Hiding in Shadows

Irrelevant, standing in the playground watching other children playing football, or chatting. Her first day, but her last day all at the same time. Her stomach lurched forward, in a bid to stay upright. If she stayed here until the day started she could avoid conflict.

Changing schools seemed a good idea at the time, but now, amongst all these strangers, the world was spinning way too fast. What if they didn’t like her? What if there were students in this school just like Toby. Not content with making her school day a miserable thing to be in, but her home life too.

It was the reason she shied away from social media. Life had to be perfect there, and she was far from perfect. For a start, she wore glasses. Her freckles didn’t help either; that and she knew all the answers in class.

‘Hello . . .’

She wanted to ignore the other student, but there would be repercussions if she didn’t.

She shrunk into the background. ‘Hello.’

‘My name’s Laura, not seen you here before.’

‘Molly . . I . . . I just moved into the area.’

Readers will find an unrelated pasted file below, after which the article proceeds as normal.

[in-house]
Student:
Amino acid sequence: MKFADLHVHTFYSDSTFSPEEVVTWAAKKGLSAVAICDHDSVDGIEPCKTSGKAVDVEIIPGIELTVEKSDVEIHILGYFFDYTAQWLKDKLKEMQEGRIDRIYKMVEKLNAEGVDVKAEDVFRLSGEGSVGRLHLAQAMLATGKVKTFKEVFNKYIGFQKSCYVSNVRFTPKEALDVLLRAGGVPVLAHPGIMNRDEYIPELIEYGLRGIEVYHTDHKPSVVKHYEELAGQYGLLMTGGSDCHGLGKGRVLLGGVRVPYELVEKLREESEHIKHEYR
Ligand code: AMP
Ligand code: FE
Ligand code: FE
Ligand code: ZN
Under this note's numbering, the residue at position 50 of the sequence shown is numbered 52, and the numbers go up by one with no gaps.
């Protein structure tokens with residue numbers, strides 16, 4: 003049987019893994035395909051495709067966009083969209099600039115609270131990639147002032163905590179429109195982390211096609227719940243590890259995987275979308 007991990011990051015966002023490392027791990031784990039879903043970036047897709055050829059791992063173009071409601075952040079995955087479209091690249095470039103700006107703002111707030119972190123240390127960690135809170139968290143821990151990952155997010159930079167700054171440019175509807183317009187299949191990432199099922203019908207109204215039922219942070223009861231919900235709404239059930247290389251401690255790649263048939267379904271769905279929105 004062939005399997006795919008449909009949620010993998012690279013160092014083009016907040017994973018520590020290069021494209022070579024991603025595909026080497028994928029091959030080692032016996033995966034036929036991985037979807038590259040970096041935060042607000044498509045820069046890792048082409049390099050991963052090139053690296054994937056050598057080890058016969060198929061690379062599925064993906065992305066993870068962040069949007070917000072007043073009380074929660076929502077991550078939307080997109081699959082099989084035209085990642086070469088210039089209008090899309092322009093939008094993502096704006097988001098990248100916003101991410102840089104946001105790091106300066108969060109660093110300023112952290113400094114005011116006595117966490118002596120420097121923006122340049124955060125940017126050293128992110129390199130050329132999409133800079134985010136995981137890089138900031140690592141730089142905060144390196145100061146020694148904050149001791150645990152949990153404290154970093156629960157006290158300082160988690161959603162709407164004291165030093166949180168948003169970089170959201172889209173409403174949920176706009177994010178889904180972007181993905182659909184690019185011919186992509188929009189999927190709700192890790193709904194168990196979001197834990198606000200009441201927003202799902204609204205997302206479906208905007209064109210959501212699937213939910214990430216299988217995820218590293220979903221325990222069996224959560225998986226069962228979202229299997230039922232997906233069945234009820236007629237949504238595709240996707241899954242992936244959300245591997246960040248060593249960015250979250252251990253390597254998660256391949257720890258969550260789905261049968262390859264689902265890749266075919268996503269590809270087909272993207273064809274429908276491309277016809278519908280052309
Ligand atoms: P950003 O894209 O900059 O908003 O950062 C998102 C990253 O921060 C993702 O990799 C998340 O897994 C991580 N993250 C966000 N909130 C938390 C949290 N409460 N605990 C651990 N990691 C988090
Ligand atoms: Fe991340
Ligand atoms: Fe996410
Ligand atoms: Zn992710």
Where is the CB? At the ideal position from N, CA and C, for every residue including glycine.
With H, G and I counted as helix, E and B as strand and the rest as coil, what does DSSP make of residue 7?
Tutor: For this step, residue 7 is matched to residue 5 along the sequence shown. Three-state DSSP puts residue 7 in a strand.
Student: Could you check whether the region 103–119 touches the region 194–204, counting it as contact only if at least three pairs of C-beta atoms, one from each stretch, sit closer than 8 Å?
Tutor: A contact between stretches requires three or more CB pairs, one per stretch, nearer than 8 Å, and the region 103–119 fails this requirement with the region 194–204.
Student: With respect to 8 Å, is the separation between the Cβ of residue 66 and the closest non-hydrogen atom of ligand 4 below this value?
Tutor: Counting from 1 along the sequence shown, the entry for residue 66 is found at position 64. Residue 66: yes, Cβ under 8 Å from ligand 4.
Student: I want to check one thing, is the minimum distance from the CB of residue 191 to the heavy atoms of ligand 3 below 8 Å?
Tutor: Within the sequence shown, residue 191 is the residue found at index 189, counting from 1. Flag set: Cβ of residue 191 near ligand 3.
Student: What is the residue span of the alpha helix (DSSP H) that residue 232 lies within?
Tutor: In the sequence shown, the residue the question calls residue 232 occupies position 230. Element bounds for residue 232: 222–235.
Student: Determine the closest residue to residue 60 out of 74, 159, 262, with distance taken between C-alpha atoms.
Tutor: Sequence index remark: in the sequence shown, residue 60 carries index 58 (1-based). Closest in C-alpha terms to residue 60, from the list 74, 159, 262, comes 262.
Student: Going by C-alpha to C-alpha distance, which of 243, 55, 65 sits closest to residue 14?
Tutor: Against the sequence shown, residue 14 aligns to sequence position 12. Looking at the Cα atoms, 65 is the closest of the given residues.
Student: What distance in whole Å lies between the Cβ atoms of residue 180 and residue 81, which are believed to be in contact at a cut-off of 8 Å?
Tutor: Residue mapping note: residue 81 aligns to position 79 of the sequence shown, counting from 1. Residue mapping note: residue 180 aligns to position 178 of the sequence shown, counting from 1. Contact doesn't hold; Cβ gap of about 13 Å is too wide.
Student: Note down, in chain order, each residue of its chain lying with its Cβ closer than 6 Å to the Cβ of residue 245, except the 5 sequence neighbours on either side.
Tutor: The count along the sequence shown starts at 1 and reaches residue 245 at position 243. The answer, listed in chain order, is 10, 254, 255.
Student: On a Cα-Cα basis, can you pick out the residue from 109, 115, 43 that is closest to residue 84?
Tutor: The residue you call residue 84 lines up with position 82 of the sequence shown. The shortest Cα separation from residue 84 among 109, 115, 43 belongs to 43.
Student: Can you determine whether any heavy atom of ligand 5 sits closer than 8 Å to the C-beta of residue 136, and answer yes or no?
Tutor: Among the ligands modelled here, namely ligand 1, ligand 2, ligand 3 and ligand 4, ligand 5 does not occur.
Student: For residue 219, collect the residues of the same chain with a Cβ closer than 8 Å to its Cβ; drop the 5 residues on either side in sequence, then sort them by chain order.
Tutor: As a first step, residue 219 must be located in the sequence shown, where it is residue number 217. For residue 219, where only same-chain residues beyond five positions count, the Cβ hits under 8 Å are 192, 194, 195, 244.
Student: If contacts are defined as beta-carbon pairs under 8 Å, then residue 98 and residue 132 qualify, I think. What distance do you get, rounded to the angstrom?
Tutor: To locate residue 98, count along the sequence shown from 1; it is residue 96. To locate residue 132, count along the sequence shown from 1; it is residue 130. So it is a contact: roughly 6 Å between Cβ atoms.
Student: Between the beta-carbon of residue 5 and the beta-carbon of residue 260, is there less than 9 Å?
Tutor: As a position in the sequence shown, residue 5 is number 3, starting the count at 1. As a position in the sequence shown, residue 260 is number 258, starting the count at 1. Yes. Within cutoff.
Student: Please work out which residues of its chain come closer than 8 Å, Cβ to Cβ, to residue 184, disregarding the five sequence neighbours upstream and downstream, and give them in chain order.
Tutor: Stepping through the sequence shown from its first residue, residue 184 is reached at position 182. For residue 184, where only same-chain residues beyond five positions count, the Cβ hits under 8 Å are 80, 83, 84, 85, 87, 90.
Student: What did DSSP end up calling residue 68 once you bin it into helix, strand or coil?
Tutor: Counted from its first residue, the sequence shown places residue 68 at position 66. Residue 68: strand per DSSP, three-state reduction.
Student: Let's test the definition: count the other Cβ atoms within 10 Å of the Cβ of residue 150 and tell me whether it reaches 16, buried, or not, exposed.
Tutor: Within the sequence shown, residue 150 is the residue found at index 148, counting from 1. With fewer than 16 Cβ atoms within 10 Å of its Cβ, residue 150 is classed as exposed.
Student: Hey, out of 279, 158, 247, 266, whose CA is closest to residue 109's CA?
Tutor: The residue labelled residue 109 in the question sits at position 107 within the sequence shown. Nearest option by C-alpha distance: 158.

Even talking, and the bile at the back of throat burned into the lining of her stomach. Anxiety, a panic attack, she wasn’t even sure that moving was an option. Deep breathing, her mum said it would help. She counted to ten, backwards, then forwards.

‘That’s cool, I’ll show you around if you want.’

She wanted to trust this girl, but she had been fooled this way before.

‘Did you get bullied at your last school?’ Laura asked.

If she said yes, then would that mean she would be bullied again, but to finally say it. Out in the open, just like an alcoholic – My name’s Molly, and I’ve been a victim of bullying. Either way, it was like climbing out of a slippery hole.

The sun beat down, and Molly nodded. Get it over with, say something, and I can go back to being alone.

‘It’s okay, I’ve been bullied too. See my hair, ginger, I’ve had all the names. They call it banter, but it isn’t. I used to laugh with them, but Mum taught me different. She said it wasn’t acceptable. I should be able to be me without the drama.’

‘You, but you’re so confident!’ I blurt out.

‘Do you know how hard it was for me to walk over here to talk to you? I look confident, but sometimes it is the only way I can protect myself. I’ve got a packed lunch, Mum packed cheese sandwiches again, she knows I hate cheese.’

‘I’ve got beef . . . we could swap,’ Molly said.

Published by writerravenclaw

I am a fifty something mother of two grown up children, and one beautiful grandchild. I have been married for nearly thirty-four years. My first book was published ten years ago. I wrote my book Sticks and Stones because of my experience of being bullied at school.

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